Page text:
If you read one biography of Joe Namath this is the one to read. It is extremely detailed and well done.
It covers his life growing up in a middle(ish) class family in Beaver Falls, Pennsylvania and his athletic exploits that made him a hometown hero. He was even brash and bit incorrigible as a teenager, a trait that he clearly kept his whole life. A solid portion of the book is dedicated to his family history and formative years, which laid the groundwork for his life.
I really enjoyed and learned a lot from the book about his years under coach Bear Bryant at Alabama. It shocks me that Bear Bryant, the hard-nosed, disciplinarian coach somehow coaxed the best out of a rebel like Joe Namath and then immediately following Namath, Ken Stabler. Namath was suspended for the last game and a bowl game in 1963 for being caught drinking, but Namath accepted the punishment and to this day speaks very highly of Bear Bryant. Interestingly, Namath spent the weekend living under the coach’s roof hiding from the media.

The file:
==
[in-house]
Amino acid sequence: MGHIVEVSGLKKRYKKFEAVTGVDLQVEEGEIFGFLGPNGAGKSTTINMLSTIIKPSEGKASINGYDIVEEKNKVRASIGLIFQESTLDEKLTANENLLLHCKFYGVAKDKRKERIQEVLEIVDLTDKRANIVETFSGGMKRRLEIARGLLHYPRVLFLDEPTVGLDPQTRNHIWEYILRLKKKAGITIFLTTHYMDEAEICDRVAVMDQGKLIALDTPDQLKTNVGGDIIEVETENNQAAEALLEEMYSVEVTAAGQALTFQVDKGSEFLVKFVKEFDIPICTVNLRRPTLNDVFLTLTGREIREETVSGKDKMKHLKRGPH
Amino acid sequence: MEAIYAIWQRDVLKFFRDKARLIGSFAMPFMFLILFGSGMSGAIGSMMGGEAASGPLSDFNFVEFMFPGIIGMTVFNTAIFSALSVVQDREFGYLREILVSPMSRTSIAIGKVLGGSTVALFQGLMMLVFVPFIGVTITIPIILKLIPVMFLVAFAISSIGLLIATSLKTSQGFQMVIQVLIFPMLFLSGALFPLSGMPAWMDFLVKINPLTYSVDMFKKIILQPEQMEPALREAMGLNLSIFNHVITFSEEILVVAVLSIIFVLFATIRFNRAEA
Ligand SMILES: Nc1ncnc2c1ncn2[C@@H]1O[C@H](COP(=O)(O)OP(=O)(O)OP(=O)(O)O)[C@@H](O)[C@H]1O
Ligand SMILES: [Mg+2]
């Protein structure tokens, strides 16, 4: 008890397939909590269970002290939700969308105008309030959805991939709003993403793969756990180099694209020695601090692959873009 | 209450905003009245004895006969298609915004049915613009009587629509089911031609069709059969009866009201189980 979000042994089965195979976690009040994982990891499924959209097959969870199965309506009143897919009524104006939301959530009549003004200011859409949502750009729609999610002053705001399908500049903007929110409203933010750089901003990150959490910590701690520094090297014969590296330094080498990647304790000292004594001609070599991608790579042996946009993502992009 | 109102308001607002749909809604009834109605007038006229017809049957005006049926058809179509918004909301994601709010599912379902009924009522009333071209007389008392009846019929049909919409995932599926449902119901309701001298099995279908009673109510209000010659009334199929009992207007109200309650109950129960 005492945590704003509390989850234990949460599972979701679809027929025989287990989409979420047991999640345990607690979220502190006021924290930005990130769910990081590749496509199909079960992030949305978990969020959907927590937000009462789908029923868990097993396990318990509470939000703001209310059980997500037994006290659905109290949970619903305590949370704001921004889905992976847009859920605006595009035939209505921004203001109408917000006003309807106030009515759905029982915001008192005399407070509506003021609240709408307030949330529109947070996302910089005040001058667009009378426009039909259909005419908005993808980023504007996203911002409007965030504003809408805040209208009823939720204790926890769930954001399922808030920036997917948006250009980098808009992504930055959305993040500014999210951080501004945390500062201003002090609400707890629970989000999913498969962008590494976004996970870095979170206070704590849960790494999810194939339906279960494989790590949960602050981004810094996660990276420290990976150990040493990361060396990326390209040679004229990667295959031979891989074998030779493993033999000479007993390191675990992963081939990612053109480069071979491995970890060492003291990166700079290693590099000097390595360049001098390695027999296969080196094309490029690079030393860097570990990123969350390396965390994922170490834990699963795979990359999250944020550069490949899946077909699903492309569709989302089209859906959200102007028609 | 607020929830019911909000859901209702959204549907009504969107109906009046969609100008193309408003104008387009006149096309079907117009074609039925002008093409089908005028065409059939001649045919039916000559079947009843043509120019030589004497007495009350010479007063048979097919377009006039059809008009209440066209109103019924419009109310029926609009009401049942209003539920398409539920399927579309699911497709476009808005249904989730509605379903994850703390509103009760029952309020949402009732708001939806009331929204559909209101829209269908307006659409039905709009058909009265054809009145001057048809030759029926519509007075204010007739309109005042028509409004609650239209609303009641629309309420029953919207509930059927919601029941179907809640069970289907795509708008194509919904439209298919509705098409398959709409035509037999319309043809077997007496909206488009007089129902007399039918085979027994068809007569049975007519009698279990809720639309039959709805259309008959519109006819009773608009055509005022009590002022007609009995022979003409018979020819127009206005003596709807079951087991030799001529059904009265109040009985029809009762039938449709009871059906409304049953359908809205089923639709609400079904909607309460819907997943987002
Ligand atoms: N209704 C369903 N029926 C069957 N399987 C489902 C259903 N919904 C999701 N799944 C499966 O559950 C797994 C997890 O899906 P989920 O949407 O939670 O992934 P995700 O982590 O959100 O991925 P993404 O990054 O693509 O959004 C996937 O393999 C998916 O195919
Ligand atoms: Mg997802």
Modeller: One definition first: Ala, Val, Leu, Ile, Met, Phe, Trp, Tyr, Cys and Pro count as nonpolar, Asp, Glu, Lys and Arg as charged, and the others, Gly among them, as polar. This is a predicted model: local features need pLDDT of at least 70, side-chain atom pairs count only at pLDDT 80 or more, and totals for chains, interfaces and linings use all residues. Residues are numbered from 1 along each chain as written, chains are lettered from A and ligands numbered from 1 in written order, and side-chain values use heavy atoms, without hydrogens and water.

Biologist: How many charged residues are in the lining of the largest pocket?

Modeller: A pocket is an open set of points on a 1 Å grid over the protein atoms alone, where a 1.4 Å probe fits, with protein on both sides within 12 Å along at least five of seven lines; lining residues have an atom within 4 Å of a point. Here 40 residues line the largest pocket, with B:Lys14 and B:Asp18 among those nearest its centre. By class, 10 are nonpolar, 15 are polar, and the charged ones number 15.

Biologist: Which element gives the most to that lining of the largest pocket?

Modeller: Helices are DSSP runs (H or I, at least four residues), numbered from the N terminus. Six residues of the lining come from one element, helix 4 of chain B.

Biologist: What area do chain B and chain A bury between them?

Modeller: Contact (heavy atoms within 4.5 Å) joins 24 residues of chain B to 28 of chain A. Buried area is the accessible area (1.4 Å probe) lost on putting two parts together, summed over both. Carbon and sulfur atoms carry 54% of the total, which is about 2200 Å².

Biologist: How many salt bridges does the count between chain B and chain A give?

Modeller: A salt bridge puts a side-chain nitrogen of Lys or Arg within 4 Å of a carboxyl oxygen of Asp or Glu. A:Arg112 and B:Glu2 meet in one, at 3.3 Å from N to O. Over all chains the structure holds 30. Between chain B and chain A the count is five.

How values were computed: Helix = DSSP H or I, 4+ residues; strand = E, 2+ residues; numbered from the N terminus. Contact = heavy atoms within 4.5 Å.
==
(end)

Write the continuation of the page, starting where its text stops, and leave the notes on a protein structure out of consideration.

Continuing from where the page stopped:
Unfortunately for Namath he suffered a serious knee injury at Alabama and he played his entire AFL/NFL career with compromised knees. He was certainly one of the most gifted throwers of all time and it’s a shame we could not see Namath in professional football at full strength. His knees were so bad he couldn’t be drafted by the military for the Vietnam War. People scoffed at the fact he had a medical deferment but played professional sports but that is how bad his knees were. It’s amazing he was as good a quarterback as he was in the pros.
Of course, the book goes through Namath’s more well known pro career with the Jets of the AFL, his huge initial contract, “the guarantee” and win in Super Bowl III over the Baltimore Colts. But it also talks about some of his troubles with the League because of his purchase of a nightclub where gangsters/mafia/gamblers hung out and the whole drama over being forced to sell it and his somewhat wild social life.
Finally, the book details his personal life which is somewhat well know and I won’t belabor here.
Overall, I’d highly recommend this book to NFL fans.